The building and construction industry is making strides towards a more diverse and inclusive culture, however there is still work to be done to make the trades more accessible to everyone. One business owner playing his part in diversifying the industry is Tavita Isaac, co-founder and CEO of the multidisciplinary trade company, Inspire Living. He hopes to make a difference with every hiring decision he makes.
“I encourage everyone to be more open minded about who and how they recruit” he says.
Having first qualified as a tiler through a BCITO training programme, Tavita and his wife Jessica first started the tiling business 12 years ago. But the services they provide have since expanded and they now lead a team of employees, who are experts in tiling, masonry, solid plastering, gib-stopping, decorating and bathrooms, and come from all walks of life.
“There has been a positive change in the industry over the last few years, with more of the minority groups being represented - and we are proud to be playing a part in that. Around 50 per cent of our employees are Māori or Pasifika and about 30 per cent are female.”
Most recently, Inspire Living has brought on three female painting apprentices. Already having one qualified female painter in the company, Tavita knew they would each make great additions to the team.
“Having different backgrounds, understandings and perspectives is healthy in any working environment. Not only does it improve building outcomes, but it also noticeably improves the work culture. Our company feels so much more whānau oriented and inclusive than it did five years ago, before we had such a diverse team. That’s the biggest benefit for me and everyone else in our work team.”
Tavita believes strongly in leading by example.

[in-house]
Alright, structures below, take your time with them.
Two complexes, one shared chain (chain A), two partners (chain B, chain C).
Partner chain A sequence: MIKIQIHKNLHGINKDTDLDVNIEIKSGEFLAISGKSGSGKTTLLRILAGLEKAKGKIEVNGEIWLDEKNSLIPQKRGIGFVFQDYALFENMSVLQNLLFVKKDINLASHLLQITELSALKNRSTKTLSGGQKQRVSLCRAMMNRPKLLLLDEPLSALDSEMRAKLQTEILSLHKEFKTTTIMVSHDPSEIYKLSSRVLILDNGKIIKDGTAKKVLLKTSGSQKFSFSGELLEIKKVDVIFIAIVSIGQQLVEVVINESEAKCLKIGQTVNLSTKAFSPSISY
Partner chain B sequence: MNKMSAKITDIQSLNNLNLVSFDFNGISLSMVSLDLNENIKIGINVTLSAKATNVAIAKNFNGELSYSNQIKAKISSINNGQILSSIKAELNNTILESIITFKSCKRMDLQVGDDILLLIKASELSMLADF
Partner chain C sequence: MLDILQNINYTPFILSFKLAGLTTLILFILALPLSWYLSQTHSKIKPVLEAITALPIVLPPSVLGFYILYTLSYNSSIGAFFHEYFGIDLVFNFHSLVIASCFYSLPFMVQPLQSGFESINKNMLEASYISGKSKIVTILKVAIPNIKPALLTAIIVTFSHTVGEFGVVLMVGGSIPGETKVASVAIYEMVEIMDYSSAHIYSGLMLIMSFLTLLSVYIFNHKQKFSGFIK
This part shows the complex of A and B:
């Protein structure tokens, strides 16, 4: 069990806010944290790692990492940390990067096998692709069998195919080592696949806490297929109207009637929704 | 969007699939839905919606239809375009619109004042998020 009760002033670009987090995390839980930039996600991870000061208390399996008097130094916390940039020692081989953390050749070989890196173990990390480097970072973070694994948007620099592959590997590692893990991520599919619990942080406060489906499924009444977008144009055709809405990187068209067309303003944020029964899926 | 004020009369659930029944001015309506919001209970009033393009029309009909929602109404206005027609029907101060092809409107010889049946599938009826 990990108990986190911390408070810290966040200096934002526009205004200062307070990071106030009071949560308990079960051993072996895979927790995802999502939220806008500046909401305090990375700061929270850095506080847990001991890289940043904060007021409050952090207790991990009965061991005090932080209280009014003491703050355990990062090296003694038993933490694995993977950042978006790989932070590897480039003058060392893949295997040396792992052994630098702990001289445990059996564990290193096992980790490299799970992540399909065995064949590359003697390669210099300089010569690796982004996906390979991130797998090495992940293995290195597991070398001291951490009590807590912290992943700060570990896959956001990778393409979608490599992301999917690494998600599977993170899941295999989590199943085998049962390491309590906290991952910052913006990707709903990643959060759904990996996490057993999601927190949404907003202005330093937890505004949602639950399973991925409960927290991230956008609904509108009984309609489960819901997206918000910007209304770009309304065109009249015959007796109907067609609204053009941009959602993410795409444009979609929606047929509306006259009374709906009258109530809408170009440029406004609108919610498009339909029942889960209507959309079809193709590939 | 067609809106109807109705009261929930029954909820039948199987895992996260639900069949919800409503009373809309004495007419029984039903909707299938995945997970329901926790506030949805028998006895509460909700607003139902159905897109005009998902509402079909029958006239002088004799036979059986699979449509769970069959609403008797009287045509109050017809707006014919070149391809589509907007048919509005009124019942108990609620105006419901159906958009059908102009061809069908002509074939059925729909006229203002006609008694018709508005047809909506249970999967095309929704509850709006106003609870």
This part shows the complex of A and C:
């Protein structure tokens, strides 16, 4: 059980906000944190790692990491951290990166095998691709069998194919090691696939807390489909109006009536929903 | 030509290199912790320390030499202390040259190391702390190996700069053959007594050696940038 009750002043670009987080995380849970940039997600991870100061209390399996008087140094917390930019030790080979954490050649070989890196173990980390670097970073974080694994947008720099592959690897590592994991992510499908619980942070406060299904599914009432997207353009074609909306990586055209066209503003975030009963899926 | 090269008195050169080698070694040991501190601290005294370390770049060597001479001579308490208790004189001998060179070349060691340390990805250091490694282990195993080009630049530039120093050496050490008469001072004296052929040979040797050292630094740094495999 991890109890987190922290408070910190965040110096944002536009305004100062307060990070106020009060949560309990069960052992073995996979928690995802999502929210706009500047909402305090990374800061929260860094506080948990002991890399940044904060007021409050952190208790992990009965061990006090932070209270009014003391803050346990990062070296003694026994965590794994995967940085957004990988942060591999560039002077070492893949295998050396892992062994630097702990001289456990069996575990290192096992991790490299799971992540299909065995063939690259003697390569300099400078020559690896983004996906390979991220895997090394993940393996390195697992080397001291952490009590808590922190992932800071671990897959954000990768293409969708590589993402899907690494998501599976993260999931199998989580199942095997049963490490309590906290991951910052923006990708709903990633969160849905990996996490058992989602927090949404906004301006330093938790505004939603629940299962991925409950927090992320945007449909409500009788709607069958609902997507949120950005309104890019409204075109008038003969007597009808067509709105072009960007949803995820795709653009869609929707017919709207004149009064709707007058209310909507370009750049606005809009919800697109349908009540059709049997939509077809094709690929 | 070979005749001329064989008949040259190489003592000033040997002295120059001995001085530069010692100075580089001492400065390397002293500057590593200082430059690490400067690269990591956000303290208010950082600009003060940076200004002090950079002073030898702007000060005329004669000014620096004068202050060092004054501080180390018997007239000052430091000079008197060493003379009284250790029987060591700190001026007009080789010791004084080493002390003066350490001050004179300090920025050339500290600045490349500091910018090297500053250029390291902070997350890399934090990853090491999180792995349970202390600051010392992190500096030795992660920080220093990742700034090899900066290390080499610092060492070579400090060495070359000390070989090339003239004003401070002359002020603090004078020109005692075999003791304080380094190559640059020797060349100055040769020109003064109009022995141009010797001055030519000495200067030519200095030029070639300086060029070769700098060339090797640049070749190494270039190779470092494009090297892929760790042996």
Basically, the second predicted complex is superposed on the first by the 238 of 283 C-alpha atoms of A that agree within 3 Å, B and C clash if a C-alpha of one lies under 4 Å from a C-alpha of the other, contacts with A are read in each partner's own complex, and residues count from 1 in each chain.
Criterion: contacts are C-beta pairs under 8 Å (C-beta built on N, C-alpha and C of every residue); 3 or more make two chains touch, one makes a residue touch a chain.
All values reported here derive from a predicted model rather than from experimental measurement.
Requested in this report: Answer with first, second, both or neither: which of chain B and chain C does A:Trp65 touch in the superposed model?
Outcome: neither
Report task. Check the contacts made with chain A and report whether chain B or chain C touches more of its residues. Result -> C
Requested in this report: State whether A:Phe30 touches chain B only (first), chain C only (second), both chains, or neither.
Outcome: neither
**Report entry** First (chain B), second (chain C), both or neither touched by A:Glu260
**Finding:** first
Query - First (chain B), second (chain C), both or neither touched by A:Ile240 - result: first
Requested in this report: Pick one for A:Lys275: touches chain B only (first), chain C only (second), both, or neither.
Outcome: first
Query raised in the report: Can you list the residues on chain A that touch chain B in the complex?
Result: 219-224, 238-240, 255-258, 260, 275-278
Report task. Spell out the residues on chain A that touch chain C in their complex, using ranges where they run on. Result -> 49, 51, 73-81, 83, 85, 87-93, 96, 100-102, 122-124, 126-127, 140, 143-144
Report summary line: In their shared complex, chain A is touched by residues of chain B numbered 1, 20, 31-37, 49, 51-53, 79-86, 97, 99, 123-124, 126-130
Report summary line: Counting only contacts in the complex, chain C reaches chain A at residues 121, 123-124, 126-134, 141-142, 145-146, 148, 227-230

“It’s great to see how normal it is to have diversity on the work site, compared to a decade ago. However, there is still a long way to go. The way I see it, the more people that know construction is an option for them, and that there are businesses like Inspire Living out there wanting to hire them, the better.
Tavita and wife Jessica’s mission is also a personal one. With a young daughter at home, they want to show her she can succeed in whatever career she chooses to pursue, including any of the trades.
“The feel-good thing for us is showing our daughter what she could achieve in the industry. It’s about breaking the stigma that construction or labouring is just for men. The incredible women we have in our team are fantastic role models for anyone thinking about getting into the trades.”
Inspire Living is reaping the rewards of Tavita’s recruitment strategy too. With aspiring employees reaching out to him most days, he is never short of staff, even in today’s market.
“We are quickly becoming an employer of choice. The business is really feeling the positive impacts of those hiring decisions. We don’t need to advertise for staff, people are knocking on our door each week, handing in their CVs, and wanting to come and work with us.”
If Tavita could give one piece of advice to other construction businesses looking to hire new staff, it would be to keep an open mind.
“Be open-minded when going through the recruitment process about the benefits of having a diverse team in your workplace, and about the possibilities that it brings – don’t put your company in a box”.
After training through BCITO himself over a decade ago, Tavita has come full circle, now helping the next generation get qualified. Over the past five to six years, he has helped over 10 aspiring tradespeople complete their apprenticeship.
“It’s great to give back, and BCITO have been amazing to deal with. We are lucky to have had some awesome training advisors that really go above and beyond, and probably do more than their job requires them to.”
Earlier this year, BCITO and workplace training provider, Education Unlimited, joined forces to run an Apprentice Support Programme for 15 Te Tai Tokerau apprentices.
Last year BCITO, Te Pūkenga trained glazier, Charmaine Farquhar was awarded the Glass and Glazing Apprentice of the Year Award - something she’d strived for throughout her whole apprenticeship.